Come fly with me
Now everyone can bribe
Fresh from Boeing announcing its first full-year losses in two decades, rival plane manufacturer Airbus has found itself dragged into the unfavourable spotlight too, thanks to what a United Kingdom court has described as “endemic” corruption within the company.
Basically, what Airbus did, court documents reveal, was bribe airline officials to secure contracts in 20 countries, and among the companies implicated are Taiwan’s now-out-of-business TransAsia Airways, Indonesia’s Garuda and Citilink Indonesia, Sri Lankan Airlines, and our very own AirAsia and AirAsia X.
Yup, AirAsia has “vigorously” denied it did anything wrong. But the info supplied by Airbus during the nearly four years of investigations is serious enough that both the Malaysian Anti-Corruption Commission and Securities Commission are looking into the case.
In a nutshell, the AirAsia allegations concern the ordering and purchase of planes (180 of them!) in exchange for sweet “rewards”, and a US$50 million sponsorship of a sports team linked to two “key decision-makers” at AirAsia.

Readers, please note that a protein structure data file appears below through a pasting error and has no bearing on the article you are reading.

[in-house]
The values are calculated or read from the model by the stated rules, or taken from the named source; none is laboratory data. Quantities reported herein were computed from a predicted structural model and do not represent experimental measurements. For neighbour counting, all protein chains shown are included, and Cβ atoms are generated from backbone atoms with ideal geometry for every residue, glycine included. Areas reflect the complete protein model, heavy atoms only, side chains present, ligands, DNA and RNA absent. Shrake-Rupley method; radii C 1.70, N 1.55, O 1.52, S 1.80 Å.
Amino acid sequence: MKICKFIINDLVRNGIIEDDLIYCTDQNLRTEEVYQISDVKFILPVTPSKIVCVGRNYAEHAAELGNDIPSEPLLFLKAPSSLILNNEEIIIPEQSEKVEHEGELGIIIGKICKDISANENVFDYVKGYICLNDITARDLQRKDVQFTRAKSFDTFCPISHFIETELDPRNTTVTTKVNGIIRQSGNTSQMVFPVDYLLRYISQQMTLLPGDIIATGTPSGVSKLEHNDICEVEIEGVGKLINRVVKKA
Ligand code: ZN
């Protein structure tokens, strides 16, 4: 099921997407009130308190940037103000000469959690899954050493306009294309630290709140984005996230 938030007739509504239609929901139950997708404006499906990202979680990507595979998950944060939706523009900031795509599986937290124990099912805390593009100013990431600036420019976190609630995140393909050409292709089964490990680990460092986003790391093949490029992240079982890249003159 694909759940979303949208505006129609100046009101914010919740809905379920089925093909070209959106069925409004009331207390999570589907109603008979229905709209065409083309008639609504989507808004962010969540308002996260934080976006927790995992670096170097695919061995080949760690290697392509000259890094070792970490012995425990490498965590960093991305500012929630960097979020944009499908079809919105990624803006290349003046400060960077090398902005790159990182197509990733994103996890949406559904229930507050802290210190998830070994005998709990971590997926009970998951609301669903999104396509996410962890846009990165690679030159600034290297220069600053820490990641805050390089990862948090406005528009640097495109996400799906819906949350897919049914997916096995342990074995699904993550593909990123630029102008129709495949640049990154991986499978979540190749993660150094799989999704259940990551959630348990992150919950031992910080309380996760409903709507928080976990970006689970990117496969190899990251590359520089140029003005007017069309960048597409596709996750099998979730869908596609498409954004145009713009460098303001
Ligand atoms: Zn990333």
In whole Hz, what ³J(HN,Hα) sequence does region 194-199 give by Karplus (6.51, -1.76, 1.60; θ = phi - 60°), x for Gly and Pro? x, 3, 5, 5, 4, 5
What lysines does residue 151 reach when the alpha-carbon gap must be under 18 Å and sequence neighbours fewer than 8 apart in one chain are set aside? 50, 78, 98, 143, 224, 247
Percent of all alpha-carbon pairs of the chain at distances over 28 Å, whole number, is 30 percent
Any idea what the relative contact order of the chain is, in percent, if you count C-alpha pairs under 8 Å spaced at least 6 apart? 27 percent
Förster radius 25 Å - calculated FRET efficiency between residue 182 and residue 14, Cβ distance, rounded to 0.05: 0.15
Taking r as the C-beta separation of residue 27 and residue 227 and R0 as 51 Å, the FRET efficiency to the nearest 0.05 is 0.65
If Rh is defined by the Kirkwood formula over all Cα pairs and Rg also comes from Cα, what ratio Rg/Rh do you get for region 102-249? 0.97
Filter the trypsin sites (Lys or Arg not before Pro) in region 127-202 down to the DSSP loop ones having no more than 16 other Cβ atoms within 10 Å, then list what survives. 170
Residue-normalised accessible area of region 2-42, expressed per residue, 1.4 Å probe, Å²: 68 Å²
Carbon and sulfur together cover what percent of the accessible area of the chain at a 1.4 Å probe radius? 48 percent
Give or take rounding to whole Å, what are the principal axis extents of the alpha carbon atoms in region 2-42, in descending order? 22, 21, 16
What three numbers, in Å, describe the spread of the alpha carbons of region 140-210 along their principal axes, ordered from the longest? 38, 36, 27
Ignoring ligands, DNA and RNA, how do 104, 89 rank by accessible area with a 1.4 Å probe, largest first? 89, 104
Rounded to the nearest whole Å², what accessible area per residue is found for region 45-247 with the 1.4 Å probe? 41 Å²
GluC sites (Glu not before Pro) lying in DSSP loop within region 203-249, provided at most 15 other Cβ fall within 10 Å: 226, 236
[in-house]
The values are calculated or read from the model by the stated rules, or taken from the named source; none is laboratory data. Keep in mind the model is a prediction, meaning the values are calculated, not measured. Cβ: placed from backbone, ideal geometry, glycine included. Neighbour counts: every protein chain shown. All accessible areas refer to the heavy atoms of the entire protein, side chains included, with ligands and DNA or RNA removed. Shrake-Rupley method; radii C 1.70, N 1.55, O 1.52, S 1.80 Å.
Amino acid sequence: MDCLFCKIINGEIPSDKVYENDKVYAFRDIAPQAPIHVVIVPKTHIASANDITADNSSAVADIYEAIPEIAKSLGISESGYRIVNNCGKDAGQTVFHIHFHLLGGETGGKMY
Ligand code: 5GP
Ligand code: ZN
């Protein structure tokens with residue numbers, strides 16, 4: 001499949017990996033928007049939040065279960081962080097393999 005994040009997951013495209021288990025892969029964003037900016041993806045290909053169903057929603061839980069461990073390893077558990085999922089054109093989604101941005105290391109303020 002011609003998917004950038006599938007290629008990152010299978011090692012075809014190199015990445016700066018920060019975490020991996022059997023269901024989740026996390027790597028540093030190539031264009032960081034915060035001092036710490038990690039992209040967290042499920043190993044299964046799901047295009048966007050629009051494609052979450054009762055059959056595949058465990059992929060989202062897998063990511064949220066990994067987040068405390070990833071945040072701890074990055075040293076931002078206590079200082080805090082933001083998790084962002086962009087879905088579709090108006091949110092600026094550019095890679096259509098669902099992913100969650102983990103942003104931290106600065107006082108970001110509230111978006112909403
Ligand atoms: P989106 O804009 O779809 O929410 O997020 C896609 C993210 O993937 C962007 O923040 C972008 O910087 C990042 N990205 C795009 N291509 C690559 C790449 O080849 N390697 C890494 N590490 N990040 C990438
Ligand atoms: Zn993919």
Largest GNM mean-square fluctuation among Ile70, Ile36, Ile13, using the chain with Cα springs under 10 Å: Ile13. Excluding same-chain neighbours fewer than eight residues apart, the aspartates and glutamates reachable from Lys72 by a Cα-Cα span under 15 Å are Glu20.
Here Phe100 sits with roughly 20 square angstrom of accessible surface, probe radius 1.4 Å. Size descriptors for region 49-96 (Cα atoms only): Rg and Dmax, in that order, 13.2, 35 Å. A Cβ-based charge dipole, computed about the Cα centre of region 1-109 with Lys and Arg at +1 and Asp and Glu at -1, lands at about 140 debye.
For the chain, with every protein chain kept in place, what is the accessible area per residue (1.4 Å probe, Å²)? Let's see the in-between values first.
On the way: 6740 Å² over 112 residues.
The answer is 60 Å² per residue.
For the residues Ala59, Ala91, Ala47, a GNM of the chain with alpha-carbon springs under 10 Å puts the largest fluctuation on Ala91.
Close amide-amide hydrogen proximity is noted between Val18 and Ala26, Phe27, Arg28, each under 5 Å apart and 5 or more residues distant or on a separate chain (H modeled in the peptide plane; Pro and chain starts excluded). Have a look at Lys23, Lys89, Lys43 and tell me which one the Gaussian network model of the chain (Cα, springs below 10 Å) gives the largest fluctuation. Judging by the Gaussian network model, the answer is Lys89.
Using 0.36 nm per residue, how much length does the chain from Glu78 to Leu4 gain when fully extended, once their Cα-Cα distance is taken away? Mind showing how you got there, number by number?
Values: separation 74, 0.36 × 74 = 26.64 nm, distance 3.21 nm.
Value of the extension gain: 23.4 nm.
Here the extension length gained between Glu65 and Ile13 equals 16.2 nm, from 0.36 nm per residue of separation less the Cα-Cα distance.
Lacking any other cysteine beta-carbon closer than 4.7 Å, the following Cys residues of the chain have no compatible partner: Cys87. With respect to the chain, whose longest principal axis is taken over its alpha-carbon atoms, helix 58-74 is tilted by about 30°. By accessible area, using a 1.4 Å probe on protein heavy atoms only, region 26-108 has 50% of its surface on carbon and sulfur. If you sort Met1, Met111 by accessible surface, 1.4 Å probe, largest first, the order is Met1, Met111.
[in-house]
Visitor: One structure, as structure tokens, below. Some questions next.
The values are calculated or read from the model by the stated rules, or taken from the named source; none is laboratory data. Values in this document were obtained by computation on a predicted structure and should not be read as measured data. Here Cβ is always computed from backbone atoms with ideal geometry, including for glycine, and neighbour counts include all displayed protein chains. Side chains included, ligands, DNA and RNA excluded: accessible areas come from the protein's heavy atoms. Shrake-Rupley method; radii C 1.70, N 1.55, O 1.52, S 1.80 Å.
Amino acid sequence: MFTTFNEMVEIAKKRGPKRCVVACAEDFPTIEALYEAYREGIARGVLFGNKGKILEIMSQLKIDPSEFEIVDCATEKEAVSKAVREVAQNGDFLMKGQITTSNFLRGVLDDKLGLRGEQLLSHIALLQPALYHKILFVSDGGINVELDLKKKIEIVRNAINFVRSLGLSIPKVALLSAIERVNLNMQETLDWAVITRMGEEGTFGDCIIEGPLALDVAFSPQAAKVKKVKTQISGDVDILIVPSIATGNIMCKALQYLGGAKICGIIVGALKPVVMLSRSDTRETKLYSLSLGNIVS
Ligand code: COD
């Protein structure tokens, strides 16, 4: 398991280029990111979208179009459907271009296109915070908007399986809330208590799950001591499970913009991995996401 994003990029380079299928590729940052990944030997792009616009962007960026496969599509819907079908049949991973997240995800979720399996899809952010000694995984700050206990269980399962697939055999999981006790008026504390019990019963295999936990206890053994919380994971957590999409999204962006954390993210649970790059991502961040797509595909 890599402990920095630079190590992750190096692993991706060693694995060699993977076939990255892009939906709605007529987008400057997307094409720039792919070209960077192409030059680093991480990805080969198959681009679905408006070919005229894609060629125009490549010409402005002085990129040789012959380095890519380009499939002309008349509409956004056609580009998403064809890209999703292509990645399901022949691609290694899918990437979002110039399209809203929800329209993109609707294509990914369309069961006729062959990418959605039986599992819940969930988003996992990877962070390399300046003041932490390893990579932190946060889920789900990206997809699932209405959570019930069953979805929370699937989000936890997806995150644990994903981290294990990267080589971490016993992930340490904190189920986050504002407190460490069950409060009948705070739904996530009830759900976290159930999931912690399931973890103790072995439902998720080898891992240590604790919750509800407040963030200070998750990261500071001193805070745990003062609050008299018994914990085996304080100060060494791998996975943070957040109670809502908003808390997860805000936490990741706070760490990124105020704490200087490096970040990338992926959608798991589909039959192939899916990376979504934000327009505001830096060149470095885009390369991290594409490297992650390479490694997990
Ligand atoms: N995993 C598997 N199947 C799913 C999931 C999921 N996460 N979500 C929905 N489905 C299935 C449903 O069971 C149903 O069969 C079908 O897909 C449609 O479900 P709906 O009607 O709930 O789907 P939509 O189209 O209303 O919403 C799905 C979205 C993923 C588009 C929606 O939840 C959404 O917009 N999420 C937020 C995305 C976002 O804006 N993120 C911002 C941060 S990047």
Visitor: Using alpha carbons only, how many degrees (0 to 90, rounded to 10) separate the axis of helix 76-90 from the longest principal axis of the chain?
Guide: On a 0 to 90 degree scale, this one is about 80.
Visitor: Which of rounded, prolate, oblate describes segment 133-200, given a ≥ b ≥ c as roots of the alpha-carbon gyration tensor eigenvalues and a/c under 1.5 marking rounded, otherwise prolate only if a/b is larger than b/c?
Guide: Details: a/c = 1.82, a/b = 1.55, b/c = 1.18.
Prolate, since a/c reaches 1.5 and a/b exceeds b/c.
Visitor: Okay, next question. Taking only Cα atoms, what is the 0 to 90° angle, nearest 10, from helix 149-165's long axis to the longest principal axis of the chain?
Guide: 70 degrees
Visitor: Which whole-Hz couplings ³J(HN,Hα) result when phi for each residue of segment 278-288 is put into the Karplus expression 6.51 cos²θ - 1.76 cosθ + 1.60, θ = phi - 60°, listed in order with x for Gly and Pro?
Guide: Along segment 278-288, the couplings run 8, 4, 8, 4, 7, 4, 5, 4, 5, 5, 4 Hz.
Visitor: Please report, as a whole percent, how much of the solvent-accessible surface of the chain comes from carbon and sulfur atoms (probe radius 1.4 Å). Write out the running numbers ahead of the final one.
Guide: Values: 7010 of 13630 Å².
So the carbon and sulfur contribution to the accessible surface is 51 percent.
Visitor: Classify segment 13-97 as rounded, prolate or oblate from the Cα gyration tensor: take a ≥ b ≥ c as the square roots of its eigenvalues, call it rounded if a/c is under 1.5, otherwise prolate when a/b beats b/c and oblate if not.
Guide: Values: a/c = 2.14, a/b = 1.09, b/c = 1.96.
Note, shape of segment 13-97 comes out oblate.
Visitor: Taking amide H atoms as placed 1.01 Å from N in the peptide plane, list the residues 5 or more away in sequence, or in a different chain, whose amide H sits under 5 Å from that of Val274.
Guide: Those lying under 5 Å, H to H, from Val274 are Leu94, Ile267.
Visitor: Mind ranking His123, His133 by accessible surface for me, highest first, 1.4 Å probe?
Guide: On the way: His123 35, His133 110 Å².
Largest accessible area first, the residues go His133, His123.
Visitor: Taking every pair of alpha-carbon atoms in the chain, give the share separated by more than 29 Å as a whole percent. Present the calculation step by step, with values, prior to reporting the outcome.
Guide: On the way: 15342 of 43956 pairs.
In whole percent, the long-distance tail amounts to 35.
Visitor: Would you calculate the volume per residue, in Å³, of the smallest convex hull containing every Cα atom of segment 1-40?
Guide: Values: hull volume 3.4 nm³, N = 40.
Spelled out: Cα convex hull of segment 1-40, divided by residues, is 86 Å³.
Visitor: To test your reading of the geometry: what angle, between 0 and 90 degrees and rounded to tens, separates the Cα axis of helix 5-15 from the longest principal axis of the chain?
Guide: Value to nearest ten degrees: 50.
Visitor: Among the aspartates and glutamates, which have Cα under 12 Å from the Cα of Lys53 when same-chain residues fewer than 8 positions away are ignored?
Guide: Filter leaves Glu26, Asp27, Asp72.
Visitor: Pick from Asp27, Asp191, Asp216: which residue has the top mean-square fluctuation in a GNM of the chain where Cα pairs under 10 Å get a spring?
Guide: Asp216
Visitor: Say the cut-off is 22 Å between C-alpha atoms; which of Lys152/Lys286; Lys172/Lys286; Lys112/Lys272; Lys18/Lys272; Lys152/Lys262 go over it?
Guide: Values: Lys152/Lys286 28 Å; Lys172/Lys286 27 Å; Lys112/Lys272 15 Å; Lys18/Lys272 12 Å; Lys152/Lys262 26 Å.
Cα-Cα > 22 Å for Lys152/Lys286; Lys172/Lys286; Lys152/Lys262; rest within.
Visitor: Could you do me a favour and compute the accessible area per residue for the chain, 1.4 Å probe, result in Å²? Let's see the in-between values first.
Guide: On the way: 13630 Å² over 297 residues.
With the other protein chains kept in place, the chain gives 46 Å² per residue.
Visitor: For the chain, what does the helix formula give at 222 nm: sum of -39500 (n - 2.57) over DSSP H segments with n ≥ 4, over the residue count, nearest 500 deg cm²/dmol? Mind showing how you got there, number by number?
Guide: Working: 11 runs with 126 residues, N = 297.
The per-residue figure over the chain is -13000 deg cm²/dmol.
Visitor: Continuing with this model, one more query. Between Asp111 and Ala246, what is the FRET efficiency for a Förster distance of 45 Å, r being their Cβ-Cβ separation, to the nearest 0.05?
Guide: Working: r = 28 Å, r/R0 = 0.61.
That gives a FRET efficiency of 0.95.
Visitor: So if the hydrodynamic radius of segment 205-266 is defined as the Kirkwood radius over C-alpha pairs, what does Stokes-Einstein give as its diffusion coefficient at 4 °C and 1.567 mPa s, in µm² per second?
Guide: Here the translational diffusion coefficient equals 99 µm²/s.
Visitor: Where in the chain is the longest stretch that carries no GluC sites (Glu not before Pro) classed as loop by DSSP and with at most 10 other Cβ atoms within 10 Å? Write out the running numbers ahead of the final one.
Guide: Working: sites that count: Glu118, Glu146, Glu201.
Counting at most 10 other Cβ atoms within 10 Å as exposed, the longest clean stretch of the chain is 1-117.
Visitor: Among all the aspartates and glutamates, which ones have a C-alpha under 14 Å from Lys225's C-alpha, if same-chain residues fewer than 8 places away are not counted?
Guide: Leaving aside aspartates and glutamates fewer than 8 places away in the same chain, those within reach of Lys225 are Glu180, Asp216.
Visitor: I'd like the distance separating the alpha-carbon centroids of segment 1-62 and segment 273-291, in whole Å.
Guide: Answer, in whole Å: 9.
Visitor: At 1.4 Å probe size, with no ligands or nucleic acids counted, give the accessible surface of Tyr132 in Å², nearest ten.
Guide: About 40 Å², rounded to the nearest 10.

Now, court documents don’t exactly name the sports team in question. However, they do say that the team, while legally unrelated to AirAsia, was jointly owned by the decision-makers, whom the court dubbed
Thing One and Thing Two AirAsia Executive 1 and AirAsia Executive 2.
For the record, AirAsia’s top execs have been linked to English football club Queens Park Rangers as well as the now-defunct Caterham Formula 1 team. However, while you’re free to guess who the documents were alluding to, we’d rather not speculate.
Anyhoo, AirAsia, in its denial, says it will cooperate with the MACC. However, even before it opens its books and offices to the country’s graft busters, you can be sure the company’s shareholders will be expecting an explanation. Which is why the airline might need to conduct its own investigation into the case, and if necessary, suspend the execs involved.